Volume 26, Number 2—February 2020
Global Expansion of Pacific Northwest Vibrio parahaemolyticus Sequence Type 36
We report transcontinental expansion of Vibrio parahaemolyticus sequence type 36 into Lima, Peru. From national collections, we identified 7 isolates from 2 different Pacific Northwest complex lineages that surfaced during 2011–2016. Sequence type 36 is likely established in environmental reservoirs. Systematic surveillance enabled detection of these epidemic isolates.
Compared with other major foodborne illnesses, Vibrio parahaemolyticus infections have been steadily increasing (1); thus, V. parahaemolyticus has become the leading cause of seafood-related bacterial infections globally. The US Centers for Disease Control and Prevention estimated that the average annual incidence of all Vibrio infections increased by 54% during 2006–2017 (2), and V. parahaemolyticus infections were responsible for a large percentage of this increase in the later years (3). V. parahaemolyticus is believed to be responsible for ≈35,000 human infections each year in the United States alone (4) and has been identified as the leading cause of foodborne infections in China since the 1990s (5).
In some areas of the world, the steady increase in local numbers of cases associated with V. parahaemolyticus has coincided with the overall geographic expansion of V. parahaemolyticus disease. V. parahaemolyticus cases are now being regularly reported in areas with little previous incidence, including South America and northern Europe (6,7). Although the precise circumstances and factors driving the growth in case numbers are unclear, the transition of V. parahaemolyticus disease from a regional to a more global pathogen has been directly connected with the emergence of isolates with epidemic potential.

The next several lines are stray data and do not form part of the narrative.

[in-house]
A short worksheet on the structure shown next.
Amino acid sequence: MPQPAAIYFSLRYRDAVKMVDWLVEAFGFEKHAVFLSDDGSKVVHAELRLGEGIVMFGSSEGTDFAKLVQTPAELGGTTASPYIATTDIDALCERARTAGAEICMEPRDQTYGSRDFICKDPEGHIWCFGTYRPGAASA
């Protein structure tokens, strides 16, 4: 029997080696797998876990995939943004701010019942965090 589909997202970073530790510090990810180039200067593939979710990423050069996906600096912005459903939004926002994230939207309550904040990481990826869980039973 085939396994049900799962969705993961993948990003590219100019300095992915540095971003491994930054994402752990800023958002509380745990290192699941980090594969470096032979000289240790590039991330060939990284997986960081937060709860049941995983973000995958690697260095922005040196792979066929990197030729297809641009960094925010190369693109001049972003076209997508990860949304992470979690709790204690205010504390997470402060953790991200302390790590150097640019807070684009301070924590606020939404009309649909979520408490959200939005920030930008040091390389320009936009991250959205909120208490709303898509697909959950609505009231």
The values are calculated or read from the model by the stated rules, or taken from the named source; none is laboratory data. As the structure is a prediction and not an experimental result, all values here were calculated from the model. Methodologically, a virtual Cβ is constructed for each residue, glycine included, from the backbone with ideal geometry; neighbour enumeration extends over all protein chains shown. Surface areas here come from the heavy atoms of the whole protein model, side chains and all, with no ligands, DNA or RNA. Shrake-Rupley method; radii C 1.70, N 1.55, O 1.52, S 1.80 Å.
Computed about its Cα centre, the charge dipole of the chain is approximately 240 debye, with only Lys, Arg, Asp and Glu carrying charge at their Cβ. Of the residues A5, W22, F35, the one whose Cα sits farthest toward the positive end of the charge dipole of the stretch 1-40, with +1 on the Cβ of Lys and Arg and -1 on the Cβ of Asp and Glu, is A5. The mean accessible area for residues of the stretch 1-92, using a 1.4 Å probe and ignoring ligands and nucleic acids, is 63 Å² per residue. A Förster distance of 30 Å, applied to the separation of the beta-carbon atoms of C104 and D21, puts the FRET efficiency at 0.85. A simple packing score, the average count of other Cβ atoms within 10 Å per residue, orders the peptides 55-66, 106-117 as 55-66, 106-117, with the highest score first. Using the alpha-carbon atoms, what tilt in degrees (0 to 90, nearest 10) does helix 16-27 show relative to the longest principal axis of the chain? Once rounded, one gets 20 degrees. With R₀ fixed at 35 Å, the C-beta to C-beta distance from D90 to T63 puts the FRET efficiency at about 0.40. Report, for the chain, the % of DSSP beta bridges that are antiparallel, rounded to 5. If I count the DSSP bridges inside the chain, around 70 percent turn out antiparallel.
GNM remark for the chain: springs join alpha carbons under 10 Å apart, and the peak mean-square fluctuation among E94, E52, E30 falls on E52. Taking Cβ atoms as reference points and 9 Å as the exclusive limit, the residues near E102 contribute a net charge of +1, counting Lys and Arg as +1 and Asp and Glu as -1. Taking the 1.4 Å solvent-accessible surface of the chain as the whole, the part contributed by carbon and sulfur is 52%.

V. parahaemolyticus and V. cholerae represent the only 2 documented instances of global expansion of human pathogenic marine bacteria (8). Pandemic V. cholerae emerged >50 years ago, and intercontinental expansion of V. parahaemolyticus began ≈25 years ago. V. parahaemolyticus sequence type (ST) 3 emerged in India in 1996 and rapidly underwent transcontinental dissemination, reaching almost all continents (9). ST3 causes infections worldwide and persists as the dominant type in some countries of Asia, including China (5).
ST3 was the only known example of V. parahaemolyticus transcontinental expansion until 2012, when a new type, ST36, was identified outside its endemic region (the Pacific Northwest of North America) (10). ST36 infections were initially reported in the northeastern United States, increasing the number of V. parahaemolyticus infections in this region (3). A few months later, they were reported in a single large outbreak in Spain (11). An in-depth genomewide analysis of representative isolates from the Pacific Northwest, northeastern United States, and Spain showed that ST36 is a highly dynamic population and that the V. parahaemolyticus strains causing infections in the northeastern United States had diverged from the original lineage in the Pacific Northwest over the course of the cross-continent eastward expansion (12). The strains in the northeastern United States and Spain arose from 2 distinctive ST36 populations. Although the international spread of this population is a concern, ST36 has not been documented outside of the United States since the outbreak in Spain in 2012 (11).
After the emergence of cholera in 1991 in Peru and reemergence in 1998, both concurrent with El Niño events, the Peruvian National Institute of Health (Lima, Peru) implemented a contingency plan for preparedness to respond to every El Niño episode. This contingency plan involves intensive investigations of all Vibrio isolates acquired in clinical settings and enhanced monitoring of environmental sources. Among the characterized V. parahaemolyticus isolates obtained over the course of surveillance, we identified 5 clinical ST36 isolates (3 in 2015 and 2 in 2016) from Lima (Table). After reviewing the V. parahaemolyticus isolates deposited in the historical collection of the Peruvian National Institute of Health over the past 30 years, we were able to identify 2 additional isolates (1 from a seawater sample collected in 2011 and 1 from a clinic in 2012).